Michigan State v Michigan

Denard Robinson to appear on more kickoff returns? ‘It’s a possibility’


Coaches will typically say that they have to find as many ways as possible to get the football in the hands of their best players. For Michigan, Denard Robinson gets the ball every play as a quarterback, but coach Brady Hoke is still experimenting with his senior. During last week’s win over Michigan State, Robinson appeared on a kick return.

That may not be a one-time thing. Hoke said Thursday on 97.1 The Ticket that “it’s a possibility” Robinson will continue to be on the field for kick returns this weekend against Nebraska (and beyond).

“You got a pretty good athlete in a guy who, if he can find a seam, he’s hard to catch,” Hoke said in the interview. “You might as well use your players. The objective is, when you’re in championship-game mode every week, to win the game. So how can you prepare your team and your players to win the football game?”

It’s an interesting move (or, a mind game) on Hoke’s part. In theory, yes, you want to find as many ways as possible to put your most dangerous weapon in a position to make a play. That’s Robinson, and it’s not like he projects as a quarterback in the NFL. Robinson’s going to have to make the move away from center at some point in his post-collegiate career — why not see if he can impress scouts with his versatility?

But Robinson is also Michigan’s most valuable player on offense, and exposing him to any more hits — it’s not like Shoelace is the biggest player out there — could sideline him when the Wolverines need him most. How would Hoke deal with that consequence?

“Well I never hear the end of stuff anyway, so it doesn’t matter.”

(Hat tip: Mlive.com) 

In Baker Mayfield, Texas set to face yet another QB who wanted to be a Longhorn

Baker Mayfield
Associated Press

Jameis WinstonJohnny ManzielAndrew LuckRobert Griffin IIIJ.T. Barrett. Oh, don’t mind me. Just recounting the number of quarterbacks with ties to the Texas football program that never received a sniff from Bevo’s famous snout.

Add another to the list, perhaps the most inexplicable of all: Baker Mayfield.

Mayfield played at Lake Travis High School in Austin, a powerhouse program in a state that specializes in them. Lightly recruited out of high school (he reportedly held only an offer from Florida Atlantic), Mayfield and his family reached out to the nearby program to see if they’d take him as a walk-on.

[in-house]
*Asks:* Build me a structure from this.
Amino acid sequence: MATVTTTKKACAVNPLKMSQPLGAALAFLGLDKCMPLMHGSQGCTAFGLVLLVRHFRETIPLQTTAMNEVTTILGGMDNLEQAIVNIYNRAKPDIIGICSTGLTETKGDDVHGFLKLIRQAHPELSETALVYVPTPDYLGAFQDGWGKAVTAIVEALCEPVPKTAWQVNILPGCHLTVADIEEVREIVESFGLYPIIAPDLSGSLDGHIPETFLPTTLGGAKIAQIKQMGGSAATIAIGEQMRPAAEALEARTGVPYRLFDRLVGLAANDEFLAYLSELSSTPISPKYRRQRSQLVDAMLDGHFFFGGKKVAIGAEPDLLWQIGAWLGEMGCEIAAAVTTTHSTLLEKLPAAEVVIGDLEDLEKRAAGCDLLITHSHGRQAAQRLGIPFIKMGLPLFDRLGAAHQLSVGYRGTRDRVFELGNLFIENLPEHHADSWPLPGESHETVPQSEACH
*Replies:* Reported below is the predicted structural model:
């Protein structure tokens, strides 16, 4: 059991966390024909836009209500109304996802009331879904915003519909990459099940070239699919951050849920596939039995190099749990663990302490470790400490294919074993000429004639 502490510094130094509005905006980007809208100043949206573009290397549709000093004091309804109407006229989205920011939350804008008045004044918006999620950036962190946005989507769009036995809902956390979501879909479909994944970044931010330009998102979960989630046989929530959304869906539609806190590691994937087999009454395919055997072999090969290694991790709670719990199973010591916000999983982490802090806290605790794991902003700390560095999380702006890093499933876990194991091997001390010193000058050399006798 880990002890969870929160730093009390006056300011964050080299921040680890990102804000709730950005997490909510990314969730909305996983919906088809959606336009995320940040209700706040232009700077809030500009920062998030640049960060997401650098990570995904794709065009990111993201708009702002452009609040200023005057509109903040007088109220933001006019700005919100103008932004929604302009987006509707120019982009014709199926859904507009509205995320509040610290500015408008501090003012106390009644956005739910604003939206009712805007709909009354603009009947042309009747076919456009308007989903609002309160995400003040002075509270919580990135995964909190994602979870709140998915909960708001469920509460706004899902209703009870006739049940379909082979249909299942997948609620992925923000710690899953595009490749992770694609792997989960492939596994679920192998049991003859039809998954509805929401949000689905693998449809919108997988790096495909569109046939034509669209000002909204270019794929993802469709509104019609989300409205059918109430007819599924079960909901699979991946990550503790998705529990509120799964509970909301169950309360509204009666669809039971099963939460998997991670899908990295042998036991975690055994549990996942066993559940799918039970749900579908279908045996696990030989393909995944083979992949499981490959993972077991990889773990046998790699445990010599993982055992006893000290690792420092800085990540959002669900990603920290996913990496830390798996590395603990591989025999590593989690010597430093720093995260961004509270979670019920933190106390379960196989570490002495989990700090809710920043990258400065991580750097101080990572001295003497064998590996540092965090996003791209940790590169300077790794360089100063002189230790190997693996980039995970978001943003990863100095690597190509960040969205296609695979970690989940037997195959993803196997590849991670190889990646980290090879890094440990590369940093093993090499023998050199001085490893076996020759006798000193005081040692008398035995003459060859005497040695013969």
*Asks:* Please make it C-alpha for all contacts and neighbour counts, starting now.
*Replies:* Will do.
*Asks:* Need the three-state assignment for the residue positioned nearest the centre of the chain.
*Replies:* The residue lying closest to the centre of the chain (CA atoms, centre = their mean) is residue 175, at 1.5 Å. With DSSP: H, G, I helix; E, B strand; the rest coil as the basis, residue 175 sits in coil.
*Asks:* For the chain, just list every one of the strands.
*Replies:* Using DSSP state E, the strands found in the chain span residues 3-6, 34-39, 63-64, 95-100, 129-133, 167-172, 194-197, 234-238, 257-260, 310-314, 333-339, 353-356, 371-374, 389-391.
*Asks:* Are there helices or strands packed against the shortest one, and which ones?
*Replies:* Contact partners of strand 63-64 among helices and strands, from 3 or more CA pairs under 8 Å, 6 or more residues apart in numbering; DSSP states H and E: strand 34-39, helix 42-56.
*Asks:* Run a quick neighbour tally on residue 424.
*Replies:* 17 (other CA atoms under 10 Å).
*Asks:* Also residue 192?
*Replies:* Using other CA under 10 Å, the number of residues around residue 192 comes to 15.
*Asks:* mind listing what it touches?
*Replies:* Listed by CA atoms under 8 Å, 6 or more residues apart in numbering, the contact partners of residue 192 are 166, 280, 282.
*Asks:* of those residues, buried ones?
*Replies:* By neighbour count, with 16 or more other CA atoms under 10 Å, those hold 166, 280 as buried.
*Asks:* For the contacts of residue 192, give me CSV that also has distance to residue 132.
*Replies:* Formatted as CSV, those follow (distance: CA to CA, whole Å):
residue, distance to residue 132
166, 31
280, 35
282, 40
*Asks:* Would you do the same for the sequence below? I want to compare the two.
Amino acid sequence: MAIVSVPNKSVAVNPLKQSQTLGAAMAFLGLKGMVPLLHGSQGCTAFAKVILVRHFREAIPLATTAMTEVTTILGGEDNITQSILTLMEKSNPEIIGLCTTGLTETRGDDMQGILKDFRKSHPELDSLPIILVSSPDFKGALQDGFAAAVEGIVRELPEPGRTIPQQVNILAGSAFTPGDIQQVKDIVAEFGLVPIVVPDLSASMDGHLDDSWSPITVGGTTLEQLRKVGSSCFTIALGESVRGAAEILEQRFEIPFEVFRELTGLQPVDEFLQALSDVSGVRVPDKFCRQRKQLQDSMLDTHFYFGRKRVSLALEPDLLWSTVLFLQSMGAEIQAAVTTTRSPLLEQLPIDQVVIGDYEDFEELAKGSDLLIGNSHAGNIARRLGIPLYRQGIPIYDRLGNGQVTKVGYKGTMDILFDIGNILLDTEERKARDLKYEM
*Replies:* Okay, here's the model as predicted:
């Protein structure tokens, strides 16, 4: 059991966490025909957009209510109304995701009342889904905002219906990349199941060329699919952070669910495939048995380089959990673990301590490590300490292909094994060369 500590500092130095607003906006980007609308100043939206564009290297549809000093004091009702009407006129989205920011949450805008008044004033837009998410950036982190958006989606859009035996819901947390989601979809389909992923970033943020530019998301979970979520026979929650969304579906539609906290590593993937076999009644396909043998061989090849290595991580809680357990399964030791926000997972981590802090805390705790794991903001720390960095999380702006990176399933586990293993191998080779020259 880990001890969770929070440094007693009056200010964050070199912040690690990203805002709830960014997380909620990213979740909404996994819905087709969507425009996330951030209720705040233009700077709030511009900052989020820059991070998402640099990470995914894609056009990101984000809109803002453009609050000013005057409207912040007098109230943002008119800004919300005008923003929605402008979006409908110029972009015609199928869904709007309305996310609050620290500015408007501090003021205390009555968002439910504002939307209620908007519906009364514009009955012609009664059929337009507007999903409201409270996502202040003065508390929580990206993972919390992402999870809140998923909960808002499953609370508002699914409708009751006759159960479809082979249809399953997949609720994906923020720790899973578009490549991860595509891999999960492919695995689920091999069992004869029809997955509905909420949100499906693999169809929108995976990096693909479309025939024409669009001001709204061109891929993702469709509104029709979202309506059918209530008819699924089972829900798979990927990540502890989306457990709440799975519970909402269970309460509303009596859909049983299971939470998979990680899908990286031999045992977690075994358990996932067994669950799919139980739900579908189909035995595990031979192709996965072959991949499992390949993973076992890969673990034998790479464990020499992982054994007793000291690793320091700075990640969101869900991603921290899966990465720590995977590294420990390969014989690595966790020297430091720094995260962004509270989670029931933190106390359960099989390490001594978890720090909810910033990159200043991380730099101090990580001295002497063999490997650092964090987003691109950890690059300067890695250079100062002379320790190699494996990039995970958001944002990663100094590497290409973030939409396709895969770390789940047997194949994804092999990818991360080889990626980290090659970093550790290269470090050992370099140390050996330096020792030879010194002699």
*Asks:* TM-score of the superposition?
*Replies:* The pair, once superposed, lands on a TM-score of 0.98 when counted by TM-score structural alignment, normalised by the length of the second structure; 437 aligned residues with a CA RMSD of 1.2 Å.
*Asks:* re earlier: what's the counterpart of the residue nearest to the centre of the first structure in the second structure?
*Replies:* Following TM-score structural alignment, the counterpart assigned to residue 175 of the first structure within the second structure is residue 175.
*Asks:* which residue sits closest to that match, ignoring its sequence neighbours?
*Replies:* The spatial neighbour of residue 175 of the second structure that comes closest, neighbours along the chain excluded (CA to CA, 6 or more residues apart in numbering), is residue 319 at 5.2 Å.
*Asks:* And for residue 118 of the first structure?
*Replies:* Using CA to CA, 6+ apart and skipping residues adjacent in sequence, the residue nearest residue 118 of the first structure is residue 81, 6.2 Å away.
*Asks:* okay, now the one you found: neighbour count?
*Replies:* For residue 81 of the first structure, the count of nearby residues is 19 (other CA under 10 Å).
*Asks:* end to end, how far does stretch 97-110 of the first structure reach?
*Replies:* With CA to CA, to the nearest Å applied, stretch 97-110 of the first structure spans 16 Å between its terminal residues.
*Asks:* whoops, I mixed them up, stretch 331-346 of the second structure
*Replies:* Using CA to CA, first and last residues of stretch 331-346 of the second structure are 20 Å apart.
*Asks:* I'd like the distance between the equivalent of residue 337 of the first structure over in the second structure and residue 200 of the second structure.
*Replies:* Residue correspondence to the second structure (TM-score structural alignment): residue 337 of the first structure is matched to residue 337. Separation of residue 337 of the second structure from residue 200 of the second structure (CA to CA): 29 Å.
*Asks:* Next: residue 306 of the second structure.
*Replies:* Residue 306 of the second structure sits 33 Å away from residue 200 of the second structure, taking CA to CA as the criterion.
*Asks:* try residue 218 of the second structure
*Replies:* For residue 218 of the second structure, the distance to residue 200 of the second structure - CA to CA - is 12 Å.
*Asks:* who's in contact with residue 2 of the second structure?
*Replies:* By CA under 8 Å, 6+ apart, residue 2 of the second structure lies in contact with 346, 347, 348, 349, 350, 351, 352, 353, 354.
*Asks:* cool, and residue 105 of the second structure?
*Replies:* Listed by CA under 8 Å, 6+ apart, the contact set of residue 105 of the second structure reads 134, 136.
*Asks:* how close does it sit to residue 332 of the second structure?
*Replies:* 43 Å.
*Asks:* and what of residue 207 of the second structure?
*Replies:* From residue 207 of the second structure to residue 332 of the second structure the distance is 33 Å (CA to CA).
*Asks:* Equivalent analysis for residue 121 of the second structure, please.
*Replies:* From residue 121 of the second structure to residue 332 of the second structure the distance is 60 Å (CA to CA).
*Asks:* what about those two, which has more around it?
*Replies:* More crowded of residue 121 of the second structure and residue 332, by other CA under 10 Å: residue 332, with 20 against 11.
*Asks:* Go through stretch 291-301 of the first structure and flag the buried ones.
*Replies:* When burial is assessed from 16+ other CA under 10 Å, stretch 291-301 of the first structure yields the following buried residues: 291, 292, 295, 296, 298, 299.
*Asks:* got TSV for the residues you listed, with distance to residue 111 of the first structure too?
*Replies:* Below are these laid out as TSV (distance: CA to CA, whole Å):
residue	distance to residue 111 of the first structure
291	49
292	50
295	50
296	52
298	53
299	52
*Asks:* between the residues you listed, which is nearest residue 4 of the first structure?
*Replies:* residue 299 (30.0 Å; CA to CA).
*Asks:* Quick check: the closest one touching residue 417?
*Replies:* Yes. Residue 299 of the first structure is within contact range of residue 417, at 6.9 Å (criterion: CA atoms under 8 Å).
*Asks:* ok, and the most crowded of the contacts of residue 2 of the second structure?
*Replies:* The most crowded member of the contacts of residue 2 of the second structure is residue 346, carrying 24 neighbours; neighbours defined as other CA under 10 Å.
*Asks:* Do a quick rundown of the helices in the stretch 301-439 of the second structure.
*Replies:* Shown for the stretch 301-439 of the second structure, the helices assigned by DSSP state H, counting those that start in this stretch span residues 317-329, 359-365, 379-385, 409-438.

They said no.

“They told us he had five scholarship quarterbacks, so there wasn’t any need of ‘Bake’ coming out there,” James Mayfield, Baker’s father, told George Schroeder of USA Today. “I popped off that they had five scholarship quarterbacks that couldn’t even play for Lake Travis. That’s where our relationship stalled out.”

On one hand, it utterly boggles the mind why Texas would decline a successful high school quarterback willing to pay his own way on to the team, especially considering the state of the position at the time. On the other, one would see why Mack Brown‘s staff would pass on a kid with only an offer from FAU who says UT’s quarterbacks couldn’t start for his high school team.

Instead, Texas signed Tyrone Swoopes and Mayfield enrolled at Texas Tech. He won the starting job as a true freshman, transferred to Oklahoma, walked on and then won the starting job there.

And now he’s set to face the hometown team he at one time wished he could play for.

Mayfield has completed 88-of-135 throws for 1,382 yards with 13 touchdowns and three interceptions – good for a 178.52 passer rating, which ranks fifth nationally – while adding 138 yards and four scores on the ground. His counterpart, redshirt freshman Jerrod Heard, has connected on 42-of-76 passes for 661 yards with two touchdowns and two interceptions (131.74 passer rating) to go with a team-leading 67 carries for 318 yards and three touchdowns.

“As perverse as all this has been, he’s where he wanted to be,” James Mayfield said. “He’s living his dream. If he had to do it all over again, he’d do it, with the same outcome.”

Appalachian State announces five-year extension for head coach Scott Satterfield

Scott Satterfield
Associated Press

One day after it was revealed its head coach was the second-lowest paid in college football, Appalachian State announced a five-year contract extension for head coach Scott Satterfield.

“We have the right coach leading our football program in Scott Satterfield,” Appalachian State AD Doug Gillin said in a statement. “In nearly three years as head coach, he has stayed true to his convictions, built the program the right way and set Appalachian State football up for sustainable success both in the Sun Belt Conference and at the national level.”


Satterfield had earned $375,000 annually, ahead of only Louisiana-Monroe’s Todd Berry at $360,000 a year.

Satterfield, 42, is 14-14 in his third season at the Boone, N.C., school. He led the Mountaineers to a 7-5 mark in their debut Sun Belt season, and has the club at 3-1 to start the 2015 campaign.

“It’s exciting for my family and me to know that we’re going to be at Appalachian for the foreseeable future,” Satterfield added. “I’m living a dream by being the head coach at my alma mater and can’t wait to continue to work hard to help this program reach heights that it has never reached before.”